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34.1 Timing Utilities

Octave's core set of functions for manipulating time values are patterned after the corresponding functions from the standard C library. Several of these functions use a data structure for time that includes the following elements:

usec

Microseconds after the second (0-999999).

sec

Seconds after the minute (0-61). This number can be 61 to account for leap seconds.

min

Minutes after the hour (0-59).

hour

Hours since midnight (0-23).

mday

Day of the month (1-31).

mon

Months since January (0-11).

year

Years since 1900.

wday

Days since Sunday (0-6).

yday

Days since January 1 (0-365).

isdst

Daylight Savings Time flag.

zone

Time zone.

In the descriptions of the following functions, this structure is referred to as a tm_struct.

Loadable Function: time ()

Return the current time as the number of seconds since the epoch. The epoch is referenced to 00:00:00 CUT (Coordinated Universal Time) 1 Jan 1970. For example, on Monday February 17, 1997 at 07:15:06 CUT, the value returned by time was 856163706.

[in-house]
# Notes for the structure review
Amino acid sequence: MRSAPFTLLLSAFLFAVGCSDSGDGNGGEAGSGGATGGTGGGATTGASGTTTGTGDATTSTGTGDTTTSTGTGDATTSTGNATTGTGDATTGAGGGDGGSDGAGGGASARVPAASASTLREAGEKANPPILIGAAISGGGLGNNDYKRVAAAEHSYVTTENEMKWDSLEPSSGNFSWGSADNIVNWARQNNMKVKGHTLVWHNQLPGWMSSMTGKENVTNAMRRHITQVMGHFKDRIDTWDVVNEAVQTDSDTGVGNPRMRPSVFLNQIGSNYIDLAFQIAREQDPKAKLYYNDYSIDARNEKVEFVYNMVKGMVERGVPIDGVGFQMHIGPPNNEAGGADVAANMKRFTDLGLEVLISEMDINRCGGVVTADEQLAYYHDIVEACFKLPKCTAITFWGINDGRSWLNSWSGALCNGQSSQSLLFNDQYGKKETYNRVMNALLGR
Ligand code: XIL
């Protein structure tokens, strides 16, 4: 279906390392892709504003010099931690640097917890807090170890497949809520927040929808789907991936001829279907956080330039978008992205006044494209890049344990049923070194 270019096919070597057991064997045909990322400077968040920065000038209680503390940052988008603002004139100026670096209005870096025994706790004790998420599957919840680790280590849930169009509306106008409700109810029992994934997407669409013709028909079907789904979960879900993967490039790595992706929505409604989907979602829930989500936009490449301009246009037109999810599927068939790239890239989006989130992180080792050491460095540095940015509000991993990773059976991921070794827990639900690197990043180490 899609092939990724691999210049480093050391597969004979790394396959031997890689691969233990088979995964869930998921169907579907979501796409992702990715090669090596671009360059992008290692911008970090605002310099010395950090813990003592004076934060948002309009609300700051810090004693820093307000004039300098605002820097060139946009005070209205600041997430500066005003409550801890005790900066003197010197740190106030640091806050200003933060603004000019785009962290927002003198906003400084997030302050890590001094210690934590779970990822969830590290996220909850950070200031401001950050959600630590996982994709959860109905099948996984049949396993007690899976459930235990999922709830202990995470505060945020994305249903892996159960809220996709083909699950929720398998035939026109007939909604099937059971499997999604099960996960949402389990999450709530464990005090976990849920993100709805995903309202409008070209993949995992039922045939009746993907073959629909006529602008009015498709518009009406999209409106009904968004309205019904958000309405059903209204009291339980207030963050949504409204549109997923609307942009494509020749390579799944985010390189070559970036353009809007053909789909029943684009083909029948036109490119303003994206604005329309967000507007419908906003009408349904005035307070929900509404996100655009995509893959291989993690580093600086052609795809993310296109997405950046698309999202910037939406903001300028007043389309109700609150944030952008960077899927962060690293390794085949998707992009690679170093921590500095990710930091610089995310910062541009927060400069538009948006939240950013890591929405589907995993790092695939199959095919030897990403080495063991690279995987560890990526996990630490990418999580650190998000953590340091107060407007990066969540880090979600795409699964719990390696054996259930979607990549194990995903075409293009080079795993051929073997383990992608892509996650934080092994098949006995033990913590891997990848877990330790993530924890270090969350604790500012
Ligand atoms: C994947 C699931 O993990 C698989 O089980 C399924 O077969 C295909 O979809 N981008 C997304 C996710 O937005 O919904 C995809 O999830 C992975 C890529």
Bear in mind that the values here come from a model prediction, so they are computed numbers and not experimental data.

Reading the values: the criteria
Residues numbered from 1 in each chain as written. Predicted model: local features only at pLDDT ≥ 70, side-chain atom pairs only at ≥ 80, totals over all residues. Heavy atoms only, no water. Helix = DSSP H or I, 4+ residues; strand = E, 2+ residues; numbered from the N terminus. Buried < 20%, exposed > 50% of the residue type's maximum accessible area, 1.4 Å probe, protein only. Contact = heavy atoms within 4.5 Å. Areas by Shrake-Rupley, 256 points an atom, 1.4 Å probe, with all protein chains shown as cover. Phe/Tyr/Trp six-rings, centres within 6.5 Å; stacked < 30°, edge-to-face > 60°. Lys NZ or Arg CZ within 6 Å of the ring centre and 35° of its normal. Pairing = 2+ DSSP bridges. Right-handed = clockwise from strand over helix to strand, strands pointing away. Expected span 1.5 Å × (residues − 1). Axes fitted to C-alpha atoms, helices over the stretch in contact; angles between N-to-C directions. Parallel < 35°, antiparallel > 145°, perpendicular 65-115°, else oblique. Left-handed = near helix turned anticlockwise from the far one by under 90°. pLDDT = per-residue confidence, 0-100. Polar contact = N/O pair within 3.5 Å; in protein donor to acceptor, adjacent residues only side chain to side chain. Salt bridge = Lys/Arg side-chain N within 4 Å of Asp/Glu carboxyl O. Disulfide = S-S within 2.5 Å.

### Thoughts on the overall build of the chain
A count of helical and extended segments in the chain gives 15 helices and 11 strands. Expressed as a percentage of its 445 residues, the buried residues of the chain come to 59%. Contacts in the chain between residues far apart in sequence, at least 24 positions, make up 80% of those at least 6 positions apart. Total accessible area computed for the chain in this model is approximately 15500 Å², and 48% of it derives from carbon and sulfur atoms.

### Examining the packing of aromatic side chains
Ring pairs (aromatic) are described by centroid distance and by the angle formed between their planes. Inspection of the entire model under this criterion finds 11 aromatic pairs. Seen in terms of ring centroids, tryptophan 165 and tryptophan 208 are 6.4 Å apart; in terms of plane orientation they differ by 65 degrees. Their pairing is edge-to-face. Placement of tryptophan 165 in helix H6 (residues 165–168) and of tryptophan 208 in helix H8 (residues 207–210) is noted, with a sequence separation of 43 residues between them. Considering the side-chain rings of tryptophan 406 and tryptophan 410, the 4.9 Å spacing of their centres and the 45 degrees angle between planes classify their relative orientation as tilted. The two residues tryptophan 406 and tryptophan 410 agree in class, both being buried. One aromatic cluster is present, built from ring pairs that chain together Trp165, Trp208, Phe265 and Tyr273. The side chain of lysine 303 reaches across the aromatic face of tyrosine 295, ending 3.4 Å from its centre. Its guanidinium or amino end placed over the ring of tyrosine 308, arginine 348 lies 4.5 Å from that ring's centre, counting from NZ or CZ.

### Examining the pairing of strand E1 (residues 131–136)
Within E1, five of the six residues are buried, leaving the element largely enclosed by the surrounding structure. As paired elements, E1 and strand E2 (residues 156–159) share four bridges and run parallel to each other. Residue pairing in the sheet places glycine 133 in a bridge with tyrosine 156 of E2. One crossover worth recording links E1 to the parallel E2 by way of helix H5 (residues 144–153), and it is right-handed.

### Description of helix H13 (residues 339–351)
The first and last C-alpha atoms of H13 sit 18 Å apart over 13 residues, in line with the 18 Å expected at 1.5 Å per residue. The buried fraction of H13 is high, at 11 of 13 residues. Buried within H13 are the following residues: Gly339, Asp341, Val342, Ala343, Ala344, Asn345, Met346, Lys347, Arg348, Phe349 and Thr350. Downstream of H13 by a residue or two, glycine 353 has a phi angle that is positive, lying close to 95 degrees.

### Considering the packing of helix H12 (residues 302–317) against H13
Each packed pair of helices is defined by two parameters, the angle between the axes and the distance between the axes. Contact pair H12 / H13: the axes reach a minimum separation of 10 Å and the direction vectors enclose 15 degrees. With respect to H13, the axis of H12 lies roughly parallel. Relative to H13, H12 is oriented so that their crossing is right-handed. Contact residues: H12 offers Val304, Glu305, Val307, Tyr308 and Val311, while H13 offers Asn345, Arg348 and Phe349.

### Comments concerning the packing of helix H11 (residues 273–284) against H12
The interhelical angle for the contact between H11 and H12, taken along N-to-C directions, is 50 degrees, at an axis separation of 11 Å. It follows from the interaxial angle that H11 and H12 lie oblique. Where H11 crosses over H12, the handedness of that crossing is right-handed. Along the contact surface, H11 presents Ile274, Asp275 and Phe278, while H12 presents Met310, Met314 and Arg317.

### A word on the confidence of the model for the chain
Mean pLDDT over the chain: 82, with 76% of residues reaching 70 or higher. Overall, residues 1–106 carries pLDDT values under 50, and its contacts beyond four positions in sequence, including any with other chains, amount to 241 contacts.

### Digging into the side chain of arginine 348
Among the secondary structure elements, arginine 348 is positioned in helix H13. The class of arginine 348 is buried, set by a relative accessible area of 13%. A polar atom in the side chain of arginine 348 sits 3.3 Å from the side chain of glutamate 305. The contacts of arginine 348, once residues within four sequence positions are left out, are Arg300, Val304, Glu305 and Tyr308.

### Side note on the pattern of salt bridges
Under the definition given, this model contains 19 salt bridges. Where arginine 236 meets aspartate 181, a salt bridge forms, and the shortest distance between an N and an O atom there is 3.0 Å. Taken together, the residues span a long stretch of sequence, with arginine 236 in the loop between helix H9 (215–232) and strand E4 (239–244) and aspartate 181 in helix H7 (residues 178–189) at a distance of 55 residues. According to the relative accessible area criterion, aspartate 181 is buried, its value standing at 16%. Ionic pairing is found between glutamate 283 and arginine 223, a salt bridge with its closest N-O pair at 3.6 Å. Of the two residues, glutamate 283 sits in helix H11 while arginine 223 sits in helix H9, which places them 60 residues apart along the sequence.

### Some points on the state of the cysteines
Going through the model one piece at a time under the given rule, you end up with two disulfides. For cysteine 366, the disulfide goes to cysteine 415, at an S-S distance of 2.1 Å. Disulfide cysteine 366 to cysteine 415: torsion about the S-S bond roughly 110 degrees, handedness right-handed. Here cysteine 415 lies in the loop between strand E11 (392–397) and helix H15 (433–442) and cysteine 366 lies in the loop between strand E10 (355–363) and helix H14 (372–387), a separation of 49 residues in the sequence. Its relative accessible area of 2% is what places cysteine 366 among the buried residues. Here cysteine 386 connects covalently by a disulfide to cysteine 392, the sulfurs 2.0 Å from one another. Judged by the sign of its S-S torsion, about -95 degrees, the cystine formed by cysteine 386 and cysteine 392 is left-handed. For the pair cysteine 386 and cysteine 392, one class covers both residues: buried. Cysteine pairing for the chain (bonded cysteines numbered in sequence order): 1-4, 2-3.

See also: strftime, strptime, localtime, gmtime, mktime, now, date, clock, datenum, datestr, datevec, calendar, weekday.

Function File: t = now ()

Returns the current local time as the number of days since Jan 1, 0000. By this reckoning, Jan 1, 1970 is day number 719529.

The integral part, floor (now) corresponds to 00:00:00 today.

The fractional part, rem (now, 1) corresponds to the current time on Jan 1, 0000.

The returned value is also called a "serial date number" (see datenum).

See also: clock, date, datenum.

Function File: ctime (t)

Convert a value returned from time (or any other non-negative integer), to the local time and return a string of the same form as asctime. The function ctime (time) is equivalent to asctime (localtime (time)). For example,

 
ctime (time ())
     ⇒ "Mon Feb 17 01:15:06 1997\n"

Loadable Function: gmtime (t)

Given a value returned from time (or any non-negative integer), return a time structure corresponding to CUT. For example,